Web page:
Stroke and vascular dementia are important disabling disorders among the veteran population. Prevention of stroke has the potential to make a great impact, but a vast majority of stroke studies have focused on processes that occur after stroke. To identify molecular process which lead to stroke, we study the prototype human disorder Cerebral Autosomal Dominant Arteriopathy with Subcortical Infarcts and Leukoencephalopathy (CADASIL), a hereditary stroke/dementia disorder caused by mutations in Notch3. Hallmark pathological features of CADASIL include: rarefication of arterial extracellular matrix, arterial granular osmiophilic material (GOM) deposition, and vascular Notch3 protein accumulation. The objective of this study is to define molecular processes that cause these abnormalities. Preliminary data demonstrates specific physical and functional interactions between Notch3 and LRP1, a protein known for its endocytic function. We will test the hypothesis that in CADASIL, mutant Notch3 in cerebral vessels impairs LRP1 endocytosis of Notch3, leading to Notch3 buildup and increased MMP expression. We suggest the following: mutant Notch3 in CADASIL dysfunctionally binds to LRP1, leading to LRP1 malfunction;decreased LRP1 results in inhibition of endocytosis of critical extracellular proteins, including Notch3 and MMPs. We propose to test this hypothetic cascade of events in three specific aims. First, we will determine at the molecular level whether mutant Notch3 proteins interact differently with LRP1 (compared to WT Notch3). Second, we will determine in cell cultures whether mutant Notch3 inhibits LRP1 dependent endocytosis. Third, we will quantitate Notch3 buildup in transgenic mice lacking key genes that participate in LRP1 endocytosis to test whether LRP1 is a true target of mutant Notch3 in vivo. These studies may shed light on important targets for prevention of stroke and vascular dementia. A vast literature already support a role for LRP1 and MMPs after stroke. These studies may identify an additional role for LRP1 and MMPs in vascular pathology prior to stroke and perhaps suggest novel methods for stroke and vascular dementia prevention therapy.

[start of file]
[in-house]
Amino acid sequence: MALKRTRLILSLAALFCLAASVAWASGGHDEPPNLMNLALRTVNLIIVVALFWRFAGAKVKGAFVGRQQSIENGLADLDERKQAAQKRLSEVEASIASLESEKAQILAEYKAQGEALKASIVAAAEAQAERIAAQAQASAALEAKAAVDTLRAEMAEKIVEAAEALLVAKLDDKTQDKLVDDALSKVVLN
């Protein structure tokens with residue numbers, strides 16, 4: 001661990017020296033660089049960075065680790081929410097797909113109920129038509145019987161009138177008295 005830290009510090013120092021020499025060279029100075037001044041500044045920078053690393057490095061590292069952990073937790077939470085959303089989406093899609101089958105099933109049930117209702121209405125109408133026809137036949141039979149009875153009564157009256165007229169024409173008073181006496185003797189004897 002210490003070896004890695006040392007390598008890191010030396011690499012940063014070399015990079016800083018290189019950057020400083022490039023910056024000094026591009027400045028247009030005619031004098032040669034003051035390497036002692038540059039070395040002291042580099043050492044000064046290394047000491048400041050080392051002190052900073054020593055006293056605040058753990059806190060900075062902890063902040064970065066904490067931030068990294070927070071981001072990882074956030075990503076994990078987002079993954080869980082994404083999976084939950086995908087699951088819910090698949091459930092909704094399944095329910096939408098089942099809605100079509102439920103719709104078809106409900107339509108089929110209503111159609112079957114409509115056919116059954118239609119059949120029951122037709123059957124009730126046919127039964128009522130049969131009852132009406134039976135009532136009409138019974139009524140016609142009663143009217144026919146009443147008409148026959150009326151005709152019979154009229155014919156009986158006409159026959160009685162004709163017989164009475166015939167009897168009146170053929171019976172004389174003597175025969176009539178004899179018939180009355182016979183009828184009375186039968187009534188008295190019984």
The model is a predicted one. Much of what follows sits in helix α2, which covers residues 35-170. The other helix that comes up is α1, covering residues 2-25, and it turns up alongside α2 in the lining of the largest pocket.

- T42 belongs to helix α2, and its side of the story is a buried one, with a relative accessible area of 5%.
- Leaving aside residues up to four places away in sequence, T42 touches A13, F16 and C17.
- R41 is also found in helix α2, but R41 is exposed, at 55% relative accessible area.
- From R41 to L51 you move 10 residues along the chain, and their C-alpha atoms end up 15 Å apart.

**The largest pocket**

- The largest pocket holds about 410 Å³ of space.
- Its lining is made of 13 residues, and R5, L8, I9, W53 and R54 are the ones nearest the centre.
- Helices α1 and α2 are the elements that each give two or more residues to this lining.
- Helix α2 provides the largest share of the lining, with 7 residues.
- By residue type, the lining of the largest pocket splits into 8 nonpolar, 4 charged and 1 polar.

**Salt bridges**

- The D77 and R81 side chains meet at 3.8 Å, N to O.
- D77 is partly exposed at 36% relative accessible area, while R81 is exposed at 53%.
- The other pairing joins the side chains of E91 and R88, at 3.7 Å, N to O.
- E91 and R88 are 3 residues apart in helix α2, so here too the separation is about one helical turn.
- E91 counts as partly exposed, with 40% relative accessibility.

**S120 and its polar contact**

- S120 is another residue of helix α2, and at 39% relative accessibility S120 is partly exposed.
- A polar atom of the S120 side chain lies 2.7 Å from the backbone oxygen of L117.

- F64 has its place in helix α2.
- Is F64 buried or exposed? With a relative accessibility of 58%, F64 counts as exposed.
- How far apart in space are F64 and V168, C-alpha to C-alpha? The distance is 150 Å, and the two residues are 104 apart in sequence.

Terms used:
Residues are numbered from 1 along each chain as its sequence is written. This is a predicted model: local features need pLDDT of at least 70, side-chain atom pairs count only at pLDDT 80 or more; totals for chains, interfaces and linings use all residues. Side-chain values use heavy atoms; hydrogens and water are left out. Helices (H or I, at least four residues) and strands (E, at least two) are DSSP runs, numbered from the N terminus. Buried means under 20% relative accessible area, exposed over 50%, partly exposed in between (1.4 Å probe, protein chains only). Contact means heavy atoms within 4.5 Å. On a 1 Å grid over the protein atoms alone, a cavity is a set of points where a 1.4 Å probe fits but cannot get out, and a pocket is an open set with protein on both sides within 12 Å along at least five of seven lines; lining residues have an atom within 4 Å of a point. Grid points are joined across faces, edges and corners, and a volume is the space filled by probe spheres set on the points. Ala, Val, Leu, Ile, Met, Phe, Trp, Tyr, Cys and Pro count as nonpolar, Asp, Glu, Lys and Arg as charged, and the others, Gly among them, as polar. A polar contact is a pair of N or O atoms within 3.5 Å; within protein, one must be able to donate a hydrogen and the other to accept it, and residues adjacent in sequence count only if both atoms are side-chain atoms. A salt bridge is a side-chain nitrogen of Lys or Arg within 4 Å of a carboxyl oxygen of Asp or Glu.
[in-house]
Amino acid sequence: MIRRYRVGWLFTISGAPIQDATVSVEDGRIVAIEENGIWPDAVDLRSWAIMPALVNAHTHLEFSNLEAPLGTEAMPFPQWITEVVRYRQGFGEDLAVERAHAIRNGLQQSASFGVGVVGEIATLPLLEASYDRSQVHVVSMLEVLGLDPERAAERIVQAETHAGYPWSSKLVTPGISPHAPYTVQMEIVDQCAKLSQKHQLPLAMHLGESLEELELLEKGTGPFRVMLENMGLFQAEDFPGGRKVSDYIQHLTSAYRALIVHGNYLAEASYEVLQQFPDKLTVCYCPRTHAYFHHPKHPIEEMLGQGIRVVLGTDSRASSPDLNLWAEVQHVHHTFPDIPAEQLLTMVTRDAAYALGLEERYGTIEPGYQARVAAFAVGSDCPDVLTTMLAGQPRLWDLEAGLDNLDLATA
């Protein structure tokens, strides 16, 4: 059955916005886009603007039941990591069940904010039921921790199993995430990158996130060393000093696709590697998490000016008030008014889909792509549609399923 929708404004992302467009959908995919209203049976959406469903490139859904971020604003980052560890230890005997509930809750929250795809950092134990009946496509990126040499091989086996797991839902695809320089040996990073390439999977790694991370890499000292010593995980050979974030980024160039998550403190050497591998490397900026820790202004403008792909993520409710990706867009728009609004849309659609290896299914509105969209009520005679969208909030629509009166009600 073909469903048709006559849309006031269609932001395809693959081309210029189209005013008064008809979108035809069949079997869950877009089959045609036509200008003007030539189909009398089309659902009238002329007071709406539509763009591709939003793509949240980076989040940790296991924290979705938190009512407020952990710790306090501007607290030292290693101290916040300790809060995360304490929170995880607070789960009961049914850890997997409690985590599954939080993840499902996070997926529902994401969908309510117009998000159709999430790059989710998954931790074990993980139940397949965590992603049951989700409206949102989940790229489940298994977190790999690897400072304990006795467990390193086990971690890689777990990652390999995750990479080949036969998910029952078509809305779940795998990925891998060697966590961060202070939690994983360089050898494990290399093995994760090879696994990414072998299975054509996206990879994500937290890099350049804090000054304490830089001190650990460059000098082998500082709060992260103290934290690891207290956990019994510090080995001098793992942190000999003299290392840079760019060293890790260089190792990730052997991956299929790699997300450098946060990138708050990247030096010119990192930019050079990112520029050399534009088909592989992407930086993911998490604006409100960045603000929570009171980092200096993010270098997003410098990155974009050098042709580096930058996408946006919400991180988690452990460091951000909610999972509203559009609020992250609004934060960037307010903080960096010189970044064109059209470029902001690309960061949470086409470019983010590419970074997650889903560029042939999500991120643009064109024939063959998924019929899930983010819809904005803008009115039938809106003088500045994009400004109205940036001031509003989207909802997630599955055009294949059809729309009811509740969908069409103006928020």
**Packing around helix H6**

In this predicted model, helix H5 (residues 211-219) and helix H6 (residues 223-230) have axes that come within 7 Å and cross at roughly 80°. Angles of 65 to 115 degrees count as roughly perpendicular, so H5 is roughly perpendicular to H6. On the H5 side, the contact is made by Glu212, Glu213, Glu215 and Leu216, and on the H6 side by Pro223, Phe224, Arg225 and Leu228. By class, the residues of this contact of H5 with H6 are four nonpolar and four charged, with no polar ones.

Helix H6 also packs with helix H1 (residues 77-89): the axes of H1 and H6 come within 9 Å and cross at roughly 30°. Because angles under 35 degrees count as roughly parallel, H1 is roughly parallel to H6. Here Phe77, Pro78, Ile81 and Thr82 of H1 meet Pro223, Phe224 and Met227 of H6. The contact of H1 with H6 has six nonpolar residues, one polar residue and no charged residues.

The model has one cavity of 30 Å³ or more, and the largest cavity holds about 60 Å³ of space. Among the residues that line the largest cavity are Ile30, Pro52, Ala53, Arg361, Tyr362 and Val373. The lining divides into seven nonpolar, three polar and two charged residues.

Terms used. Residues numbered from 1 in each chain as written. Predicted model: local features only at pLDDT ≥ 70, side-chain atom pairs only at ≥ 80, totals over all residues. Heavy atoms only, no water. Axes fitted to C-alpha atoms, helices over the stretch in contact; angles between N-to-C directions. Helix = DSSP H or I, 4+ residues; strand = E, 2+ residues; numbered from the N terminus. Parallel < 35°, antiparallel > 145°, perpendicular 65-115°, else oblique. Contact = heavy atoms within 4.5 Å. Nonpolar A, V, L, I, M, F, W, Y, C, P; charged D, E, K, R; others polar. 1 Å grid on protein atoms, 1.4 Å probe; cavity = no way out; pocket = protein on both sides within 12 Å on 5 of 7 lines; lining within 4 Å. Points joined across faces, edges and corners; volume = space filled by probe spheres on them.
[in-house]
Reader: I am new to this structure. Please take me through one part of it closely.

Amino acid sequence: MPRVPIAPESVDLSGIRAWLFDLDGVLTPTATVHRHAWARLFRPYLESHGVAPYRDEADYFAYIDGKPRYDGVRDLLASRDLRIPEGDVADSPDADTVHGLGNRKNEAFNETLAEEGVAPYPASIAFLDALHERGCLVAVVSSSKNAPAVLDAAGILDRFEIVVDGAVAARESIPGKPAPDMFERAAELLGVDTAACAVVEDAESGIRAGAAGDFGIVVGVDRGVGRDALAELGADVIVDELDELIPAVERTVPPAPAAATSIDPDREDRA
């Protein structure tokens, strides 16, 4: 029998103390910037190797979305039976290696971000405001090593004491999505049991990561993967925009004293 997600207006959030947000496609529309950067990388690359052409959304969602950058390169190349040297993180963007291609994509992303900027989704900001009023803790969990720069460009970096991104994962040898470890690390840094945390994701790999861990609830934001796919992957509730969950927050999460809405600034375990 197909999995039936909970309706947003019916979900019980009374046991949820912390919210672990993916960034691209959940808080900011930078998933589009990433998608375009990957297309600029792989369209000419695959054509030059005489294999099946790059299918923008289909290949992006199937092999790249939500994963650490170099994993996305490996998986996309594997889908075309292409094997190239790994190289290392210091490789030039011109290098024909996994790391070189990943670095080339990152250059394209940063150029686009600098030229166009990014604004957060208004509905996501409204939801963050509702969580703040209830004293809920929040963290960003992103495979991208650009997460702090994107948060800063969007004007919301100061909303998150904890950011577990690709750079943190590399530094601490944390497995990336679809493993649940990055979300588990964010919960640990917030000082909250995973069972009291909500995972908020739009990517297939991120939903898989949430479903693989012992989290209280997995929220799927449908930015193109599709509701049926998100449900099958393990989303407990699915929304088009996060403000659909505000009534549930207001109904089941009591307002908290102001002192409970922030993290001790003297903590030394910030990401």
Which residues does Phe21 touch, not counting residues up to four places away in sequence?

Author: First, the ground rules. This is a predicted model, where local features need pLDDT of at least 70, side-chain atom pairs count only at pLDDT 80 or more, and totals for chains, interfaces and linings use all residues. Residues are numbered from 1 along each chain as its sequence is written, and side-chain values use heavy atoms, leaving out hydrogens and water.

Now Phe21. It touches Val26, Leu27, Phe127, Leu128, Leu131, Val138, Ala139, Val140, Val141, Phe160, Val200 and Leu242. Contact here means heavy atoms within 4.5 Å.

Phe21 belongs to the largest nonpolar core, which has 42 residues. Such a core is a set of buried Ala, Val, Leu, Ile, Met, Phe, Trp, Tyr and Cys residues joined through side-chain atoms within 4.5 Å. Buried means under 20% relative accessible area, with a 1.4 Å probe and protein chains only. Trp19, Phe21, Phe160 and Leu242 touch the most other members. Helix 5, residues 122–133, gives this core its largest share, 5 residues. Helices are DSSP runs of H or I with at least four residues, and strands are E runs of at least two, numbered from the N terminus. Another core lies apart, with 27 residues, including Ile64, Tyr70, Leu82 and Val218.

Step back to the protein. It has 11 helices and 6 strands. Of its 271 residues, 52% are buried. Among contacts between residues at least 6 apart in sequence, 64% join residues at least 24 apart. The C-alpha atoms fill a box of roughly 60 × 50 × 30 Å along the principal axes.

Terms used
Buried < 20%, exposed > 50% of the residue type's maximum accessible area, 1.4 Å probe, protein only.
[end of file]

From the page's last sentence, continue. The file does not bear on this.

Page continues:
Stroke and dementia are common among the veteran population, but effective therapies to prevent vascular disease and its effects on cognition have proven elusive. CADASIL serves as a prototype for vascular dementias and inherited stroke, and understanding the molecular underpinnings of vascular disease of the brain will provide information essential to the development of new treatment strategies that will benefit the veteran population. In this proposal, we will test whether the proteins Notch, LRP, and MMP cause damage in CADASIL. Successful identification of a role for these proteins in vascular diseases suggest that these pathways could potentially be targeted to prevent stroke and vascular dementia in veterans.